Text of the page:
Margaret Heffernan, an entrepreneur who previously worked in broadcasting, noted to Inc that from her experience, “treating employees like grown-ups made it more likely that they would behave the same way.” The principle here is to have your employees work to get things done, not to just follow the hands on the clock.

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A Flexible Remote Working Policy

Yahoo CEO Marissa Mayer famously recalled all her remote workers, saying she wanted to improve innovation and collaboration, but was that the right decision? We’ve all said that we’re often more productive in a half day working from home than a full day working in the office, right? So why not let your employees work remotely from home?

There are definitely varying schools of thought on remote working. Some believe that innovation and collaboration can only happen in a boardroom with markers, whiteboards and post-it notes and of course, this can be true for some. But do a few great brainstorms trump a team that feels a little less stressed and a little more free?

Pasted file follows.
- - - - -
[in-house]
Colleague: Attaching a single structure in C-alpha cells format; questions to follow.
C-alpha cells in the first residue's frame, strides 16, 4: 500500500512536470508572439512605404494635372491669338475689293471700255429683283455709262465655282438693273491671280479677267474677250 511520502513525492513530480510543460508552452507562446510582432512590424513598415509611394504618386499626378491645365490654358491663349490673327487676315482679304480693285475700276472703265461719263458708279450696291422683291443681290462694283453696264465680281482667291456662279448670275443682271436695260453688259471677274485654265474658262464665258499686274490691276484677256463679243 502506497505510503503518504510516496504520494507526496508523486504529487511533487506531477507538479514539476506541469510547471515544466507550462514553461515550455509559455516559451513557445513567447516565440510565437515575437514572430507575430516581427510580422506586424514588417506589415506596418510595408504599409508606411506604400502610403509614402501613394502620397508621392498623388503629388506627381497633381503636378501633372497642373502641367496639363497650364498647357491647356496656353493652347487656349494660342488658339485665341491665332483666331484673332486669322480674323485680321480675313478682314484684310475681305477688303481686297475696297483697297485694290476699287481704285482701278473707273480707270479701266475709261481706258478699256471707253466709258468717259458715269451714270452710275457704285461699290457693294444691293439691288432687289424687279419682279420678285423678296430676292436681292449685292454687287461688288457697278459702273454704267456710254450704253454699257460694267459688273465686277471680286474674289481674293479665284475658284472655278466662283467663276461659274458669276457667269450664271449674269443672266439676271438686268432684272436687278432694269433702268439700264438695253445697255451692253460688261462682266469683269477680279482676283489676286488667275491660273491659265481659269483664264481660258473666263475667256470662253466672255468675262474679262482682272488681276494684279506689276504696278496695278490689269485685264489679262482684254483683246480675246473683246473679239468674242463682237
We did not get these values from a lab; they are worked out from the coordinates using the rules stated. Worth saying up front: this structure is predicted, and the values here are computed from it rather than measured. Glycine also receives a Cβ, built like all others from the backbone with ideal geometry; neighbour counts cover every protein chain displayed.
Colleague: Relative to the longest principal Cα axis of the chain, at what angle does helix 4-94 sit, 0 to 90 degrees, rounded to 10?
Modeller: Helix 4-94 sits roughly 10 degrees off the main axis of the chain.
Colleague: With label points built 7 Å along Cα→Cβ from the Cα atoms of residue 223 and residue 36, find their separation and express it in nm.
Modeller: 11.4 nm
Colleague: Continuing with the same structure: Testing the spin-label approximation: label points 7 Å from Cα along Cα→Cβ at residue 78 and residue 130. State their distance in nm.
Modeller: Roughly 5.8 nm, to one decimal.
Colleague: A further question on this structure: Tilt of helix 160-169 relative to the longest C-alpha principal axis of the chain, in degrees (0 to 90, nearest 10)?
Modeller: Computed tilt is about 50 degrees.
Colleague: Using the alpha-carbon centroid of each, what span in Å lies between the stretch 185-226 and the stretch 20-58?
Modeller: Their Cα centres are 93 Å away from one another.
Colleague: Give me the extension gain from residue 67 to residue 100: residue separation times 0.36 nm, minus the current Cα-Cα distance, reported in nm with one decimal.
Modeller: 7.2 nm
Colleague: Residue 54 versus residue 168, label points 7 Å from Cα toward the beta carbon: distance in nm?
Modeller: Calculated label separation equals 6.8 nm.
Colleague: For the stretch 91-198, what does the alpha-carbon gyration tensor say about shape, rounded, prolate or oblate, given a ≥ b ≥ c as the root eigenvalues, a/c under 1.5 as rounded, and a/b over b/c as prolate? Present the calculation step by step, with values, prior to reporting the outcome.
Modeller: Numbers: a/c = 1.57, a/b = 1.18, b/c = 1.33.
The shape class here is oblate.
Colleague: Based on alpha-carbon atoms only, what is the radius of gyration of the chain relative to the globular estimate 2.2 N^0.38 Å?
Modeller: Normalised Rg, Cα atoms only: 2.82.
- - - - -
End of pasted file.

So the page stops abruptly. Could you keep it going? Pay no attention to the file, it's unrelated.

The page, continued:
Those who champion remote working often note that these employees are not counting the clock, worried about getting home, cooking dinner or rushing through errands post-work. No one works their 9-5 straight without breaks here and there.  Allowing some time for remote working means employees can handle some non-work related tasks and feel more accomplished throughout the day. Also, sometimes we all need to have a taste of working in our pajamas, right?

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It’ll be interesting to see how many traditional companies and industries start giving their employees more freedom with their work schedule. And how many end up rescinding their policies like Yahoo did.

What are your thoughts of the traditional 9-5 schedule and what are you doing to help foster your team’s productivity and creativity? Hit the comments and let us know.